*       Other changes: exempt labs that do waiver tests or only
microscopic tests would no longer have to register or be involved
at all.
 
        --      limited license practitioners would be allowed to be
added to the microscopic category; more tests would be added to
the waiver category;
 
        --      existing personnel would be grandfathered, even if
they don't meet new credential requirements as long as there is
no demonstrated problem in quality;
 
        --      proficiency testing programs would be educational
with action only if extremely poor.
 
        --      there will be study to work with Congress to modify
the cytology proficiency standard.
 
        --      focus of inspections will shift from all labs to high
risk labs.
 
        --      inspections will be announced. (under review)
 
--------------------------------------------------------------------------------
LONG TERM CARE
--------------------------------------------------------------------------------
 
The Administration's plan includes a home and community care
program for all ages, administered by the states, and paid for by
savings in the system, not premiums.
 
*       To become eligible a person must require assistance with
three or more of five activities of daily living, evidence severe
cognitive or mental impairment, have severe or profound mental
retardation, or for children under six, be dependent on technology
and otherwise require hospital or institutional care.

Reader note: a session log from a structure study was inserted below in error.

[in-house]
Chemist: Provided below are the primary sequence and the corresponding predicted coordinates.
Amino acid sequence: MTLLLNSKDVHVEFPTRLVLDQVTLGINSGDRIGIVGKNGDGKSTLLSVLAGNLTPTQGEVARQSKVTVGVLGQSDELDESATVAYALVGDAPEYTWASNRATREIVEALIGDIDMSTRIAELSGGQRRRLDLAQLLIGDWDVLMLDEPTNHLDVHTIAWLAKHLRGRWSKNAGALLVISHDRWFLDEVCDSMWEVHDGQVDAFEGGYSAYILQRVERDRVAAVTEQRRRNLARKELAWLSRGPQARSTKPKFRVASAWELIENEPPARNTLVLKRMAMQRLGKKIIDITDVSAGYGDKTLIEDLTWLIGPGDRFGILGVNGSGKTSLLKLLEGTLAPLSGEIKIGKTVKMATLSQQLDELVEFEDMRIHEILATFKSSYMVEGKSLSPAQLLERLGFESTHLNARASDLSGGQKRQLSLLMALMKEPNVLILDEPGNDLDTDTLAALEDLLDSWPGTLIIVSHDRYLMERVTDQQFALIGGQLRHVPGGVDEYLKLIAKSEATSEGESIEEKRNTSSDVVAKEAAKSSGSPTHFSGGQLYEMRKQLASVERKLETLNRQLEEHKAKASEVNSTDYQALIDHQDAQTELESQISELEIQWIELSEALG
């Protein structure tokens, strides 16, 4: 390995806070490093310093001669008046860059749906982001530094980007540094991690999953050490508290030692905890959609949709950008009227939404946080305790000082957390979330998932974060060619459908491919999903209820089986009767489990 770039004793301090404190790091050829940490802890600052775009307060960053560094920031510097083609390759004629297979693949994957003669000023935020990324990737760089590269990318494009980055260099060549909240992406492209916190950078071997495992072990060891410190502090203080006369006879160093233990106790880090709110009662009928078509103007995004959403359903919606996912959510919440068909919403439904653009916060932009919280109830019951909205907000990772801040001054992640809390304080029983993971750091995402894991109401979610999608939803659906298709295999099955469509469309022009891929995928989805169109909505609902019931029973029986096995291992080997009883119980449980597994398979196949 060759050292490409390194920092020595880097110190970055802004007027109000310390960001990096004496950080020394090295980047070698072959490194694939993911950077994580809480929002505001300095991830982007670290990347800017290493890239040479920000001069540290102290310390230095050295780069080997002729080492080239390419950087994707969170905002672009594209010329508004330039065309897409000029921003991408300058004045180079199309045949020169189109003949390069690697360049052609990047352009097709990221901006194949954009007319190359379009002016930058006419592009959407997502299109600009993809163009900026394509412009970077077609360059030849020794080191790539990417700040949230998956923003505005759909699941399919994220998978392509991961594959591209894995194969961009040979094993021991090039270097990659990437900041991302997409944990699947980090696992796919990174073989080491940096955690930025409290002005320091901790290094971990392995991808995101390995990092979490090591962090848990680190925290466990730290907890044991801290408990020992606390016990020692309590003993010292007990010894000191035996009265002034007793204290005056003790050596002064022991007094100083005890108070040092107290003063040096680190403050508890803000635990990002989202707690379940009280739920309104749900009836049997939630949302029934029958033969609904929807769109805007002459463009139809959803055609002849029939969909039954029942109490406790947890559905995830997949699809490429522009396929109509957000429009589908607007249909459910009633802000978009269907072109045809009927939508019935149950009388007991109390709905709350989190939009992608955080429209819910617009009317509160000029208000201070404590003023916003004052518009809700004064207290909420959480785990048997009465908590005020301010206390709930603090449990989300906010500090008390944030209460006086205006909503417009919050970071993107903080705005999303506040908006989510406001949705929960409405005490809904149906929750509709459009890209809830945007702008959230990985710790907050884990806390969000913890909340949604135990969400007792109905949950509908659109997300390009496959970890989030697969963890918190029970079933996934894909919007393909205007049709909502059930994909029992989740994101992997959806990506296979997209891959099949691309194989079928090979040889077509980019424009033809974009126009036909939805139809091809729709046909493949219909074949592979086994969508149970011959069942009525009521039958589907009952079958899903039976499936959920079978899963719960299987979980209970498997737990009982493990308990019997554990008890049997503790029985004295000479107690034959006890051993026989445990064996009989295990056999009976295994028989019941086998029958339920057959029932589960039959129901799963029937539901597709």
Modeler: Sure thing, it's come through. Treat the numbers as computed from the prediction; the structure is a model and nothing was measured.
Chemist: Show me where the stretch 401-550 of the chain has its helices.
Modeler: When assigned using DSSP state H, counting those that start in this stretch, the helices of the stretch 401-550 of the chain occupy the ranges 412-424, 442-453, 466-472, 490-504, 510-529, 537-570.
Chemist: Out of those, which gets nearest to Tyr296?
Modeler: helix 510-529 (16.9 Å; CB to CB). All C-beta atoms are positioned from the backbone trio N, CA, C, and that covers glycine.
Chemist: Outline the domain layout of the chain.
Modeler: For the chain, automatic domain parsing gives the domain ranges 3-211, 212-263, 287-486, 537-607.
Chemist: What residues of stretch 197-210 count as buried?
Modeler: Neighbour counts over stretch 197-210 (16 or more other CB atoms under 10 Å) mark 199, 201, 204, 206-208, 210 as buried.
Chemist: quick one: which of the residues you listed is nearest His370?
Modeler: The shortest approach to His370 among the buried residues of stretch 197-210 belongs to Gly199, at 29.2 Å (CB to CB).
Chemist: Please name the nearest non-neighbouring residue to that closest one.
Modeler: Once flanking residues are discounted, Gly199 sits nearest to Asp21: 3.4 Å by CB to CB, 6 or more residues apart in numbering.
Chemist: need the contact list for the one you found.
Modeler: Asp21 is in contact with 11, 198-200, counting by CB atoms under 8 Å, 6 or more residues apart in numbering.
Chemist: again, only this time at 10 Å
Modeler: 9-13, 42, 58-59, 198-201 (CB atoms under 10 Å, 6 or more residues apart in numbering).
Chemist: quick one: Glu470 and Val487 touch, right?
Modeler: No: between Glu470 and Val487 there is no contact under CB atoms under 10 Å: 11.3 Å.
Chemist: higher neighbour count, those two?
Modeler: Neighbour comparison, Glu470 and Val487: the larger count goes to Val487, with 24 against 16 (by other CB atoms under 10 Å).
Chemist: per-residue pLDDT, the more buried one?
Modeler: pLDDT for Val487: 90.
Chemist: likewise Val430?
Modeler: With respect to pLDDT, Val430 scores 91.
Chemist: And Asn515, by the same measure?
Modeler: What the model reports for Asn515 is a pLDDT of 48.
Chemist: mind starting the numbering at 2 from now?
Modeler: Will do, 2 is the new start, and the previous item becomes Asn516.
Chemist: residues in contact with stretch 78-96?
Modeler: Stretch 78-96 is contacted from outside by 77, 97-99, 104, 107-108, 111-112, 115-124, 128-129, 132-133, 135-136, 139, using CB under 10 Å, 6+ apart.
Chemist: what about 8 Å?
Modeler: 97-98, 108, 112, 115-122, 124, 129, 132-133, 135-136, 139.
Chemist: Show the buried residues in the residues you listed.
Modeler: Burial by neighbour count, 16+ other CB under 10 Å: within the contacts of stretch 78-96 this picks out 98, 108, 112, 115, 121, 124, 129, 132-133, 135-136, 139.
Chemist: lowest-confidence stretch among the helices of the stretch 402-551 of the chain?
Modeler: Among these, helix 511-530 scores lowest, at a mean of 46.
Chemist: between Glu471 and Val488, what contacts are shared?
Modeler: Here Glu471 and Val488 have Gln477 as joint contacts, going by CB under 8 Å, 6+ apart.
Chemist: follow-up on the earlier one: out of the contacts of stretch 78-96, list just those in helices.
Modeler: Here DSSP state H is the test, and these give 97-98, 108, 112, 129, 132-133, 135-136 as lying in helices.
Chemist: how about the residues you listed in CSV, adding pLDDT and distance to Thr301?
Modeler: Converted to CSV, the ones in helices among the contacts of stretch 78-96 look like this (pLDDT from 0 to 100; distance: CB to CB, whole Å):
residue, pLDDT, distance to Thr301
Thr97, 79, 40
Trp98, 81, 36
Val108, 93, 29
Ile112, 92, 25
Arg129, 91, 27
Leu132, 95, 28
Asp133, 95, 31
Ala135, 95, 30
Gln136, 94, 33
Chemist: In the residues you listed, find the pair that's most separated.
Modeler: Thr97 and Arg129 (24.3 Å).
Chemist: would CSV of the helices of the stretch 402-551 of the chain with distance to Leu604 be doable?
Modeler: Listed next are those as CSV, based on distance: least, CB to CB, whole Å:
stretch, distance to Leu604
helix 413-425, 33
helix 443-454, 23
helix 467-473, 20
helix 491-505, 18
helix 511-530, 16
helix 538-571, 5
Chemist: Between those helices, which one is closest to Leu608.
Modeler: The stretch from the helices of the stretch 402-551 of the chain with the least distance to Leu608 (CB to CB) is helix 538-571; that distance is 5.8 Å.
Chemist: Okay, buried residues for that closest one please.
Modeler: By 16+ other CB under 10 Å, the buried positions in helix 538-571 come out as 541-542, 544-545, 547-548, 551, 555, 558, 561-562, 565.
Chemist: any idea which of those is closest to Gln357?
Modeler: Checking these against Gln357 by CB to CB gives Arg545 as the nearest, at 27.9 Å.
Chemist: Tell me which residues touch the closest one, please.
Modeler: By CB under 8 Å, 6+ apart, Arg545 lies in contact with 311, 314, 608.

*       States have the flexibility to design and define their
community based services system and may also elect to offer
vouchers or cash directly to eligible individuals or to capitate
benefits to health plans or other providers.
 
*       Eligible individuals pay co-insurance to cover a portion of
the costs of all services according to a sliding scale.
 
*       HHS establishes a national budget for home and
community based services and allocates funds to the states. The
maximum budgeted amount increases annually consistent with
the rate of increase allowed in the national budget for health care
and changes in the number of people over age 75.
 
 
 *       Some people now receiving Medicaid community LTC do
not meet the functional eligibility requirements of the new
program and current Medicaid programs are replaced with a new
community based LTC program for low income people. Funding
for this low income program is based on each state's 1993
Medicaid expenditures. At full implementation, expenditures
under the low income program are pooled with the funds for the
new LTC program for people with severe disabilities and are
subject to the national budget ceiling.
 
*       For private long-term care insurance, the plan provides for
state grants for consumer information, minimum long term care
insurance product and business standards, federal regulations for
long-term care insurance offerings, and amends IRS code to deal
with tax treatment of premiums for long-term care insurance.
 
*       HHS also conducts a demonstration program for
integrated models of acute and long-term care services for
individuals with disability and chronic illnesses.
 
--------------------------------------------------------------------------------
MALPRACTICE REFORM
--------------------------------------------------------------------------------
 
The malpractice reform section of the President's proposal
involves both changes in tort law and the development of
alternative approaches to resolving claims against providers.
Reforms are:
 
*       Patients are required to submit claims through an
alternative dispute resolution system established by each plan